At just one and a half hours’ drive west of Kinshasa City, past the City’s lies the fascinating project that offers a haven for several Orphaned Bonobos. It is situated at 8 kilometers/5 miles off the nearby Matadi road. Being mistaken to be the Chimpanzees, the Bonobos are a different species known to be more calm and friendly than their Counterparts (Chimpanzees). The exceptional Bonobos are endangered with just 50,000 living in the Wild. Hiking trails within Lola ya Bonobo lead tourists through the Vast, forested enclosure, but the fun-loving Bonobos always relaxing at the front of the Sanctuary especially in the morning hours.
This Sanctuary was established in 1994 by Claudine Andre and is the world’s only Sanctuary sheltering the Orphaned Bonobos. From 2002, this exceptional Site has been situated exactly south of Kimwenza suburb at the Petites Chutes de la Lukaya in Kinshasa within the Democratic Republic of Congo. Lola ya Bonobo is a Lingala (major language in Kinshasa and Democratic Republic of Congo generally) word meaning “Paradise for Bonobos”, and as of 2012, Lola ya Bonobos was a haven to over 60 Orphaned Bonobos who have their residence in 30 hectares of natural dominant Forest. This unique Sanctuary is a member of the Pan African Sanctuary Alliance (PASA)-the largest Association of Wildlife Centers in Africa.
In most cases, Bonobos are brought into the Sanctuary as young infants. This is because with the rise of bush meat trade in Democratic Republic of Congo that sees several Bonobos killed by poachers each year for bush meat, the mature ones are killed and the Infants are sold as pets. When impounded, the infant Bonobos are taken to the Lola ya Bonobos. These infant Bonobos start their lives at the Sanctuary with tender care from surrogate human mother, but are normally quickly ready to be united with the peer group, and precisely afterwards into one of the immense mixed-age or social groups.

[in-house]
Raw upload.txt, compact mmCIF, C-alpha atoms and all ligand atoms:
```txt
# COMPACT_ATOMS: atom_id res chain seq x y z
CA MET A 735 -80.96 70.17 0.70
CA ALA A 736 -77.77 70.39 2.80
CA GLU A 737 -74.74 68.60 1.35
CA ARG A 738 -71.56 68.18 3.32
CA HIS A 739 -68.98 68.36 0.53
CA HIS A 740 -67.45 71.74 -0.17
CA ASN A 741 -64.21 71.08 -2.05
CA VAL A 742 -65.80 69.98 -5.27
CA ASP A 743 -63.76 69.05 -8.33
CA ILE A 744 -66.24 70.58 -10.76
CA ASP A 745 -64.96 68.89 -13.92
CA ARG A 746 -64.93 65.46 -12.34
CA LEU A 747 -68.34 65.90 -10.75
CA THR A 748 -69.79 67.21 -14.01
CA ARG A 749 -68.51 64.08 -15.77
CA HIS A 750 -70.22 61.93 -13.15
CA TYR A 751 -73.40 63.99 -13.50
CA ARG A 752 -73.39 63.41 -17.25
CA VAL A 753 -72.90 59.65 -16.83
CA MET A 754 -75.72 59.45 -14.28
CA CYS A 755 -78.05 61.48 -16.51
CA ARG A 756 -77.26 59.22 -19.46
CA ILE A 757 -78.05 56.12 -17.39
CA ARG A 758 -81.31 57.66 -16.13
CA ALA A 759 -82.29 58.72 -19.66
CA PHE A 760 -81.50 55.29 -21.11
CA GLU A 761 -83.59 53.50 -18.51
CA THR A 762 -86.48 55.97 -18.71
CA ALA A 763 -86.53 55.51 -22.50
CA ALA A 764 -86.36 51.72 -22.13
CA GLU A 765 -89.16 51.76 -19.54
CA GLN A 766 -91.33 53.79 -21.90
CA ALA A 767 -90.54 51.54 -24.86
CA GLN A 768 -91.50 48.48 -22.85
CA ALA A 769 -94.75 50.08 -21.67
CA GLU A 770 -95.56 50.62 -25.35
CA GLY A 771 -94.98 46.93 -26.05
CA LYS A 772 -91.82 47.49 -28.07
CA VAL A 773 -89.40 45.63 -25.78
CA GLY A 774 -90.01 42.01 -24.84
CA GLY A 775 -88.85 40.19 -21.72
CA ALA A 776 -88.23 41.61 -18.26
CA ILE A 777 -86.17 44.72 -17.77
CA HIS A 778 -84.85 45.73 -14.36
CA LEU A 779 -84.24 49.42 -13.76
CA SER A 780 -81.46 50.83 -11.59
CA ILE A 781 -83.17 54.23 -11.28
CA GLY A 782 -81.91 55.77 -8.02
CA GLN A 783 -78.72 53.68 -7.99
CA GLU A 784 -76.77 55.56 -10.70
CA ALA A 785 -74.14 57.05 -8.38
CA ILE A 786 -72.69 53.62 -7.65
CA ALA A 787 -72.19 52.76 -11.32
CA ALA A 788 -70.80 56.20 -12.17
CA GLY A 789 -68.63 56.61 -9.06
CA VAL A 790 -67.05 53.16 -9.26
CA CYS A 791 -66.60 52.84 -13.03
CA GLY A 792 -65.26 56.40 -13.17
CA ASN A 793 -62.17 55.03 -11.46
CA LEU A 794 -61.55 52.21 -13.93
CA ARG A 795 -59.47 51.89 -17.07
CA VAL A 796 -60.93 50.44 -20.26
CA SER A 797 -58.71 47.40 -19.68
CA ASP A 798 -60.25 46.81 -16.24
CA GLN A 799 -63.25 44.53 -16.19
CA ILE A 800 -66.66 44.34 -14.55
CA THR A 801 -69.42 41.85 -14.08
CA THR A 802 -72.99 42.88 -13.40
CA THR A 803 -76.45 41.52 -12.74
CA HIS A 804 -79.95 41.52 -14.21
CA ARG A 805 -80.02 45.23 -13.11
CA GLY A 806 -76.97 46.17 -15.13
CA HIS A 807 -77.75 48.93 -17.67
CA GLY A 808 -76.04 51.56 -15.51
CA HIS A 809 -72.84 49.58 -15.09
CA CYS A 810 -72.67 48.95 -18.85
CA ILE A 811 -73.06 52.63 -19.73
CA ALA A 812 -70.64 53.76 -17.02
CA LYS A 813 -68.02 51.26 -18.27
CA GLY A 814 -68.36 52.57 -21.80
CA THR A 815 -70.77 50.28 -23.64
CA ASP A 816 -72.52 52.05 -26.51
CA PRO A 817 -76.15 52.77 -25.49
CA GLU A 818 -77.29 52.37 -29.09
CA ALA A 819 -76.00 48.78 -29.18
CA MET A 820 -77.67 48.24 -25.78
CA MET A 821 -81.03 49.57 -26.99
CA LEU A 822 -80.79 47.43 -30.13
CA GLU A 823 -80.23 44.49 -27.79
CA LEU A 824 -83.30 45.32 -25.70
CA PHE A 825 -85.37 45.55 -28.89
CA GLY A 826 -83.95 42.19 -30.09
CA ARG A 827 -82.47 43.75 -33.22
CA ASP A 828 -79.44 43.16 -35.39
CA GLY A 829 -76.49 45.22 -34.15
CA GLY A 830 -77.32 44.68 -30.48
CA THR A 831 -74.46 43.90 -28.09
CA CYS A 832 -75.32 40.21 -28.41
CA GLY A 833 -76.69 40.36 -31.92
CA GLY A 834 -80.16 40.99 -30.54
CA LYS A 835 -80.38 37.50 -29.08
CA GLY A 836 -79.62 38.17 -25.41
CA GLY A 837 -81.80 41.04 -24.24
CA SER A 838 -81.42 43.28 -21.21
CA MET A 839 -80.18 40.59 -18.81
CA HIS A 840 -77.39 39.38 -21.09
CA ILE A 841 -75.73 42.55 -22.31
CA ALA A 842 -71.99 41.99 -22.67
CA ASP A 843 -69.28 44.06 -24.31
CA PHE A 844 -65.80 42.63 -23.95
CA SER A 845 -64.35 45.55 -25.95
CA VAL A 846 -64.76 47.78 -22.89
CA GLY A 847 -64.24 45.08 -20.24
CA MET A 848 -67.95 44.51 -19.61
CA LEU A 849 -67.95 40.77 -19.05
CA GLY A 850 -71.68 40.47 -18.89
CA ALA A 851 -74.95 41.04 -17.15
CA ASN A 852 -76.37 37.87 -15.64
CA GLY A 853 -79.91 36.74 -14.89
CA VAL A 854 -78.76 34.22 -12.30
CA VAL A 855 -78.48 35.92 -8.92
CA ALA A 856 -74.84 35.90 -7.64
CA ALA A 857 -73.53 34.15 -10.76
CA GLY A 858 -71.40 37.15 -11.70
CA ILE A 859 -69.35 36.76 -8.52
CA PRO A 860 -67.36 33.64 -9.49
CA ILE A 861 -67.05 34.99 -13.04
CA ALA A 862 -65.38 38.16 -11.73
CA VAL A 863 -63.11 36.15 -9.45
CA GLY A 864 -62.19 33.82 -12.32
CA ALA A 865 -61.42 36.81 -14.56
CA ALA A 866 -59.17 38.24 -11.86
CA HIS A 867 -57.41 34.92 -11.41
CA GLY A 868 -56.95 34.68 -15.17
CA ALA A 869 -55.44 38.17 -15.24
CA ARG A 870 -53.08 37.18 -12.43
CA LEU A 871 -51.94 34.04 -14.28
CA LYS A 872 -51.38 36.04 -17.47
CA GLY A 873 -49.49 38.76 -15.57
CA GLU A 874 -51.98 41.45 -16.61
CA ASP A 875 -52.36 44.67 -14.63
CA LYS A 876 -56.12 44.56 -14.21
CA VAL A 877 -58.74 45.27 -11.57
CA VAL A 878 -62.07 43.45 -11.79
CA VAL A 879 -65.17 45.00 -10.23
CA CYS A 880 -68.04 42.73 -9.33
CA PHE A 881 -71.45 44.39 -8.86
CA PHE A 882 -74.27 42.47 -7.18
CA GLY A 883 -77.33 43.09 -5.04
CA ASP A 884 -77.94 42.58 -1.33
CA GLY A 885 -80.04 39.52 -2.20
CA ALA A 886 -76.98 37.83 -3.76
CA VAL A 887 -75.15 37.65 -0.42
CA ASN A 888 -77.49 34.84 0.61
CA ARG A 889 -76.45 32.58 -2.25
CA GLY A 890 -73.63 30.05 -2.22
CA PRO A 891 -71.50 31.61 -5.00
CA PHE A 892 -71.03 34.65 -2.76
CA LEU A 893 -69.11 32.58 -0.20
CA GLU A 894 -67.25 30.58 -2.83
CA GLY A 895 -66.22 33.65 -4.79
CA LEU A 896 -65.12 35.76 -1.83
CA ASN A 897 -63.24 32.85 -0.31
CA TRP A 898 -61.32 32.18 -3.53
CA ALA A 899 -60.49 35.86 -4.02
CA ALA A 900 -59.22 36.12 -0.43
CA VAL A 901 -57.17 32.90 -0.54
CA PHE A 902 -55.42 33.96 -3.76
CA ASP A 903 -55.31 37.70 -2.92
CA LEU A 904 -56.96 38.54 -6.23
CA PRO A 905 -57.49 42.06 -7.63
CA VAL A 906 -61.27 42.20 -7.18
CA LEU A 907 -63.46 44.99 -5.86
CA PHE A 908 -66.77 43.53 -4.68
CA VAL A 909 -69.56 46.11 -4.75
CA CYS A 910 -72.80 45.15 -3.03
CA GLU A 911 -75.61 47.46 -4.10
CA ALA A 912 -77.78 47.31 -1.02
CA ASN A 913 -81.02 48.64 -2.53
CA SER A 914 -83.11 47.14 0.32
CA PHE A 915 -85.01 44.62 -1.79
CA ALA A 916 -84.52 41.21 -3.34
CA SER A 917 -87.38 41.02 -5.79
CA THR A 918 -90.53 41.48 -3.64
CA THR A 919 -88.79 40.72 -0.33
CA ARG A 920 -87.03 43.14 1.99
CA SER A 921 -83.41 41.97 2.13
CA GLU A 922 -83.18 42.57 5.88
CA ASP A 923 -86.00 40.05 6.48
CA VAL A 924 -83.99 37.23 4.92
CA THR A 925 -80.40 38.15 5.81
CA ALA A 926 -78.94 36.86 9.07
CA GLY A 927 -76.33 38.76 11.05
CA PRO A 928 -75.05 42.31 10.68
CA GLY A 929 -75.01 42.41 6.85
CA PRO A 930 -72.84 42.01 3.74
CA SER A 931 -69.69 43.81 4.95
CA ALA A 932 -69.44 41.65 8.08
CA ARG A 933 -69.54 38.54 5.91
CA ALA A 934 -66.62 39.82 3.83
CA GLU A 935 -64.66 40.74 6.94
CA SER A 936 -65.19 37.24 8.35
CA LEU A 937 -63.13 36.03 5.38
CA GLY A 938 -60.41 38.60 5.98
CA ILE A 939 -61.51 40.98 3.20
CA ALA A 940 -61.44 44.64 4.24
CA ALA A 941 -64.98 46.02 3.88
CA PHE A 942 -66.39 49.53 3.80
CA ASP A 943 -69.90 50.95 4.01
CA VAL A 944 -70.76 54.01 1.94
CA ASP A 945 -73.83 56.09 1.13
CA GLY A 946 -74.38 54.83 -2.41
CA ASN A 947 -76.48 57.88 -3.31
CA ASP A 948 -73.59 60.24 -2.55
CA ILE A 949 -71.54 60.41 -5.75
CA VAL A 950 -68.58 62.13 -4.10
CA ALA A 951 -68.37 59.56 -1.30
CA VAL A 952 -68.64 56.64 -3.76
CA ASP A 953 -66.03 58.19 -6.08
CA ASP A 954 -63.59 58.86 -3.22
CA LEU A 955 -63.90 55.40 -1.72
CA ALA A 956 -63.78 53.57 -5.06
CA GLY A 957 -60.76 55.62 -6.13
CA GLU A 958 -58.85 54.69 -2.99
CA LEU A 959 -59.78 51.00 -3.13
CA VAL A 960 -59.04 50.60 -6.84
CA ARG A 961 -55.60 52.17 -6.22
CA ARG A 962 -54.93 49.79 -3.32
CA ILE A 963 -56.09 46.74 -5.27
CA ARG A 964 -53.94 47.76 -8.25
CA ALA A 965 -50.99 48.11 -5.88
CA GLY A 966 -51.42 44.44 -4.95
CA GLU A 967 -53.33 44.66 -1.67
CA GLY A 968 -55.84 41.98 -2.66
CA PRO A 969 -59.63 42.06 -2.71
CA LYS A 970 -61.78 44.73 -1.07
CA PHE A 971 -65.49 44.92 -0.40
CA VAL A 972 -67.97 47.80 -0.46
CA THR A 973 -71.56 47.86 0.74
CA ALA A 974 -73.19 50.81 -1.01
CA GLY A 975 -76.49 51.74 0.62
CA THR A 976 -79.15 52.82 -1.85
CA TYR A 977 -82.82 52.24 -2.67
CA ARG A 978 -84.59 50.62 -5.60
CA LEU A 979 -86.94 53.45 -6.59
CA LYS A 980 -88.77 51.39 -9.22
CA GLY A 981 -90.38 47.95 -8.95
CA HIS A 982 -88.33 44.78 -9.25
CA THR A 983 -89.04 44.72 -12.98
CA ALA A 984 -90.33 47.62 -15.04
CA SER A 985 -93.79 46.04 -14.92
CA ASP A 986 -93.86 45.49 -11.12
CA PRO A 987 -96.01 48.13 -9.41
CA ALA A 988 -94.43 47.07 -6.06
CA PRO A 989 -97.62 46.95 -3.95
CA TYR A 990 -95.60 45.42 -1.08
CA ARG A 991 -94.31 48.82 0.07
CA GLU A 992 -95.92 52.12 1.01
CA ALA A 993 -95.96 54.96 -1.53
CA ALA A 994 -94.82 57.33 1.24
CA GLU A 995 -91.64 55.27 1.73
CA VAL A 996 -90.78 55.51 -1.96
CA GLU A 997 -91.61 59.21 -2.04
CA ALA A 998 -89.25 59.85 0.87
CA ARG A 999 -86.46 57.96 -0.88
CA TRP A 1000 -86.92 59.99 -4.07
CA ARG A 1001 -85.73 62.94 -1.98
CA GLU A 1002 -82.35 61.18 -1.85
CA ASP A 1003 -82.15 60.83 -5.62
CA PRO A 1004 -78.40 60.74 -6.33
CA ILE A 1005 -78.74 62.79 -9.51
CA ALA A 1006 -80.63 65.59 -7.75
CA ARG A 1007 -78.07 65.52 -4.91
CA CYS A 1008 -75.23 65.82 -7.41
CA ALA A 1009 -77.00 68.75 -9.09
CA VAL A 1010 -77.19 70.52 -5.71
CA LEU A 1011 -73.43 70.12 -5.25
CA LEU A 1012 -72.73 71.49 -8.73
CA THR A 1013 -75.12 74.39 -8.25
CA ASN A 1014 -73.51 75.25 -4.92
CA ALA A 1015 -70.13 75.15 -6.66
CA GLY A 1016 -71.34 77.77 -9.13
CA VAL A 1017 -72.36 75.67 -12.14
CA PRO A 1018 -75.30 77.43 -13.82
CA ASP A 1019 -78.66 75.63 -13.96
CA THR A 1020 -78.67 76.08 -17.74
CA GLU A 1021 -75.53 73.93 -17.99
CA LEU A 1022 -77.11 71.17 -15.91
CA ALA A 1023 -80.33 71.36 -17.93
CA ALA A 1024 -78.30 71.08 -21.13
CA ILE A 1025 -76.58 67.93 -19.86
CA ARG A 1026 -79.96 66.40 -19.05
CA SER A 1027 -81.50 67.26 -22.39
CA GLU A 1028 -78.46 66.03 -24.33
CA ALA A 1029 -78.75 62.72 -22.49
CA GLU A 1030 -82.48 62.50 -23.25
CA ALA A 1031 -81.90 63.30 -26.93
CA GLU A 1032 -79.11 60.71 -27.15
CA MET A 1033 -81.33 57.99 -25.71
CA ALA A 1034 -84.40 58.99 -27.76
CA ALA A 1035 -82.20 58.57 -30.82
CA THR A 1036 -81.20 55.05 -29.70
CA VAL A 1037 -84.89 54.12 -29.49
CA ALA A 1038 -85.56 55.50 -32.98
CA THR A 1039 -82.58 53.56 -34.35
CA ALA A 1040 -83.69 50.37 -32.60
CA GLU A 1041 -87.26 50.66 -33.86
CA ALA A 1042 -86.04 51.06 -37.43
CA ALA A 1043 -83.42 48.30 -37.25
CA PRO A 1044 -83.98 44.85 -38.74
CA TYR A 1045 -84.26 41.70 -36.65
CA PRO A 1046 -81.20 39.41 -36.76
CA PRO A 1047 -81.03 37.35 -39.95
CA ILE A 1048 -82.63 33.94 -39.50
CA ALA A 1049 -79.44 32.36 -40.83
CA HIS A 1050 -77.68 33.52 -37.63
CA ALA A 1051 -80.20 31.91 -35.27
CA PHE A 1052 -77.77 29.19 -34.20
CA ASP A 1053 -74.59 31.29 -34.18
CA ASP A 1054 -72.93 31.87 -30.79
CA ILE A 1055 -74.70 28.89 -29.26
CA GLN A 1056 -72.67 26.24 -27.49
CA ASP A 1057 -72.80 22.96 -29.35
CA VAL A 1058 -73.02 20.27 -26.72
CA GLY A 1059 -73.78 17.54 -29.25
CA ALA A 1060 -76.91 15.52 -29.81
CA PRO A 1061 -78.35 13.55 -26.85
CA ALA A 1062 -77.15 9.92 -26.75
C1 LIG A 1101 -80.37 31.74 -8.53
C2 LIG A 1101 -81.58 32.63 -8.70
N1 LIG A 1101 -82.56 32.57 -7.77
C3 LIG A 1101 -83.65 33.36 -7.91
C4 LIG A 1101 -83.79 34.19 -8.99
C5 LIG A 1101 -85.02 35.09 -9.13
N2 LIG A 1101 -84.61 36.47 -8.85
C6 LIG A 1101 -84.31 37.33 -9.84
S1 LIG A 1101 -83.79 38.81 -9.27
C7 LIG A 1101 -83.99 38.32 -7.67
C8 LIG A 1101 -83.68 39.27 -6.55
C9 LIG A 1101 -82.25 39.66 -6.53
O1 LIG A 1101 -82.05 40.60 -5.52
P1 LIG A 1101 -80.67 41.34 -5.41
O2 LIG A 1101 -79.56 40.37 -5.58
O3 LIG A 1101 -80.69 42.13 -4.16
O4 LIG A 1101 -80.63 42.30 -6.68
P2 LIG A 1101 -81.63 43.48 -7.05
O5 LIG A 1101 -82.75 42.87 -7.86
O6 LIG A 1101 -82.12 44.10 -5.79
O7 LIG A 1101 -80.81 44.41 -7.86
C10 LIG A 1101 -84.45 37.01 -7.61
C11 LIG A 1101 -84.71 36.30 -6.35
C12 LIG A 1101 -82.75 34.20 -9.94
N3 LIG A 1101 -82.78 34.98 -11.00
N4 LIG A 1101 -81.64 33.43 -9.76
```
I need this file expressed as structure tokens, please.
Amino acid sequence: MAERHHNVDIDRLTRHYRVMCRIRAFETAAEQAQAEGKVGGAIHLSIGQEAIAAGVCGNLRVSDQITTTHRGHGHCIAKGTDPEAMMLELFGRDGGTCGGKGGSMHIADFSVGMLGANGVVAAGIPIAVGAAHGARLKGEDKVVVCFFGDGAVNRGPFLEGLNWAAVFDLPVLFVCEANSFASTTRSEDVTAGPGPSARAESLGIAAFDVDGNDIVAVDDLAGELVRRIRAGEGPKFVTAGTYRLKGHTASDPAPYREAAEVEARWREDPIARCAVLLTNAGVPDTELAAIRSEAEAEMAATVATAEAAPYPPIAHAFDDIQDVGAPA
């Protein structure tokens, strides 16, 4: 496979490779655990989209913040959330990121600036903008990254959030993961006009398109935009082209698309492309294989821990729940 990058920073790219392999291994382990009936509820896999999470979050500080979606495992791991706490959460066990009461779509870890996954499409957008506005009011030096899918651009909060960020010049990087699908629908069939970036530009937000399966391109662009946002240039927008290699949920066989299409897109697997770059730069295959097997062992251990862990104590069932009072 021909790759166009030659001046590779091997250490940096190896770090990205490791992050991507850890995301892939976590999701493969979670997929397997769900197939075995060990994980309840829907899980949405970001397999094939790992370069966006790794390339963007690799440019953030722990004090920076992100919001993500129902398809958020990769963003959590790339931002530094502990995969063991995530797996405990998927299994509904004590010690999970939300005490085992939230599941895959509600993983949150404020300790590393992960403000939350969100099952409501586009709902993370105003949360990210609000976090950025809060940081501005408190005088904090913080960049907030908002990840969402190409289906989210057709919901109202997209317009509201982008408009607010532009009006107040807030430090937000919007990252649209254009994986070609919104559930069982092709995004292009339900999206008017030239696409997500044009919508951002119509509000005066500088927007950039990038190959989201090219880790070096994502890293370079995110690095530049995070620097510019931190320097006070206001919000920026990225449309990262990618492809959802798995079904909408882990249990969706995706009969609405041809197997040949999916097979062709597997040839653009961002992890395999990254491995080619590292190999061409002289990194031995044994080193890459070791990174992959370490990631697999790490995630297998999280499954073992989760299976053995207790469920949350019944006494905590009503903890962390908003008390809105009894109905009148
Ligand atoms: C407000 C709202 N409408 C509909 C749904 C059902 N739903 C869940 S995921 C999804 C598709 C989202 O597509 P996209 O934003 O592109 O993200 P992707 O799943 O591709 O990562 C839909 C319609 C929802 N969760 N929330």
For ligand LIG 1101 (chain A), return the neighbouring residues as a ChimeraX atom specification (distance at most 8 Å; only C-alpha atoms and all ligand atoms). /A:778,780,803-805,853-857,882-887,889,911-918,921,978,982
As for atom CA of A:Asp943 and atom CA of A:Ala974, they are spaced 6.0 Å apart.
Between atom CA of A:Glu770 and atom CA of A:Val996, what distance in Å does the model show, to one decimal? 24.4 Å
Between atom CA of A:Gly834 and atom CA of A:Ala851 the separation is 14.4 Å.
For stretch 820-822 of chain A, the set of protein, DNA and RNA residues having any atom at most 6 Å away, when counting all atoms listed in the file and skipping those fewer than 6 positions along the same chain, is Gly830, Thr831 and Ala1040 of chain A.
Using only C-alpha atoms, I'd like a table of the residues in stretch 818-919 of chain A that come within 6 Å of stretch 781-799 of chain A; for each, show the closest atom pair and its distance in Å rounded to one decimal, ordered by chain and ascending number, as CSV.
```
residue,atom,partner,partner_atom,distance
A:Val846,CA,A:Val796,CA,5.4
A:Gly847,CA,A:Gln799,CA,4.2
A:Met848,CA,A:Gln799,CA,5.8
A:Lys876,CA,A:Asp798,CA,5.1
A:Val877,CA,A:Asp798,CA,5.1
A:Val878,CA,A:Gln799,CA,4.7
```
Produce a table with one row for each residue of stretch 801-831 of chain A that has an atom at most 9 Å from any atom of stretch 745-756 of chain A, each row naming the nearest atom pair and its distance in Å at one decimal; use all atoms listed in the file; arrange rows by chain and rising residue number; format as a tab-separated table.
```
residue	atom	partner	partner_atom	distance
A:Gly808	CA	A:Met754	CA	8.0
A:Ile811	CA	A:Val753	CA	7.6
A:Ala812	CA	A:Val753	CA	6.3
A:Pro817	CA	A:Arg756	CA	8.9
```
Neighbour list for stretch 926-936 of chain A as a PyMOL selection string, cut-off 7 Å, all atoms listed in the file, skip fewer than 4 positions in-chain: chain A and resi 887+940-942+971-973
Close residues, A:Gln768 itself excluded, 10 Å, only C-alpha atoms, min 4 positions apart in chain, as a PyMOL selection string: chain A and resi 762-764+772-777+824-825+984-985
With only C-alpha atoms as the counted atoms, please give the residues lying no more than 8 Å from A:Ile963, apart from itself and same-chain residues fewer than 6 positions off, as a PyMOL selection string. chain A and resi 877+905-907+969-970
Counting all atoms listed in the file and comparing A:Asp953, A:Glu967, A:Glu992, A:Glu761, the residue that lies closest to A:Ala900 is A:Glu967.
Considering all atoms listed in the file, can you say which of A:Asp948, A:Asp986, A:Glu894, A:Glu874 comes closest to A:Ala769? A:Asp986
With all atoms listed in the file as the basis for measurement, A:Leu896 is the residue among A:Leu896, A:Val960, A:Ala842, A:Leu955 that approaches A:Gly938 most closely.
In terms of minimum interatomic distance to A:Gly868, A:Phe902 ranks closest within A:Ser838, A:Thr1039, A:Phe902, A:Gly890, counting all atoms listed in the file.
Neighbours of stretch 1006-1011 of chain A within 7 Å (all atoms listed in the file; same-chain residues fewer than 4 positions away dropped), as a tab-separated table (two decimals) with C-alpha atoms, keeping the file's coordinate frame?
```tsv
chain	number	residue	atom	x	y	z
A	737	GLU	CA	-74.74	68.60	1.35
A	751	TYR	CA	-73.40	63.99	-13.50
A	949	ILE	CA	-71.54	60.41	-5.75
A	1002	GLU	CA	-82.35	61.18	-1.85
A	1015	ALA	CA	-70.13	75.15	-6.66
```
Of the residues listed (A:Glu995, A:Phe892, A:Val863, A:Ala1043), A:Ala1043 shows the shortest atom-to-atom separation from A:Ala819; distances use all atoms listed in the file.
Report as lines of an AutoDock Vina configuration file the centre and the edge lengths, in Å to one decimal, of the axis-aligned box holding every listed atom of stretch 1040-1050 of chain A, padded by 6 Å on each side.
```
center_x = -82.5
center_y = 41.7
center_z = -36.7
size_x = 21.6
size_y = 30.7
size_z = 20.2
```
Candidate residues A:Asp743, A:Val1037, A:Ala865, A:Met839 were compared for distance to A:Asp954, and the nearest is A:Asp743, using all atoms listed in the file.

Even though the Bonobos of Lola ya Bonobos Sanctuary live in captivity, their residence is in an environment similar to the wild. The Bonobos can feed among groups of edible flora and fruiting trees, and also compete for mating partners (like other animals in the wild) and learn to keep away from any form of danger like stumbling on venomous snakes like they would do in the wild. Because of this, the Bonobos living at the Lola ya Bonobos Sanctuary (in a typical forest habitat) exhibit real natural behaviors observed with the wild Bonobos-it is even very interesting that they show unique behaviors like the use of tools that have been noticed from the Bonobos in the Wild.
How to get to Lola ya Bonobo
You will have to either use Public of Private transport means from Kinshasa. A special hire car usually costs from $100 to $150 depending on your bargaining power (during dry seasons) but increases to over $200 during the wet season, but tourists are also advised to use 4WD vehicles that can go through the murram roads connecting to the Sanctuary.
In conclusion, the Lola ya Bonobo is a perfect destination for primate lovers because you get to explore the close relatives of the Chimpanzees that we might confuse for Chimpanzees.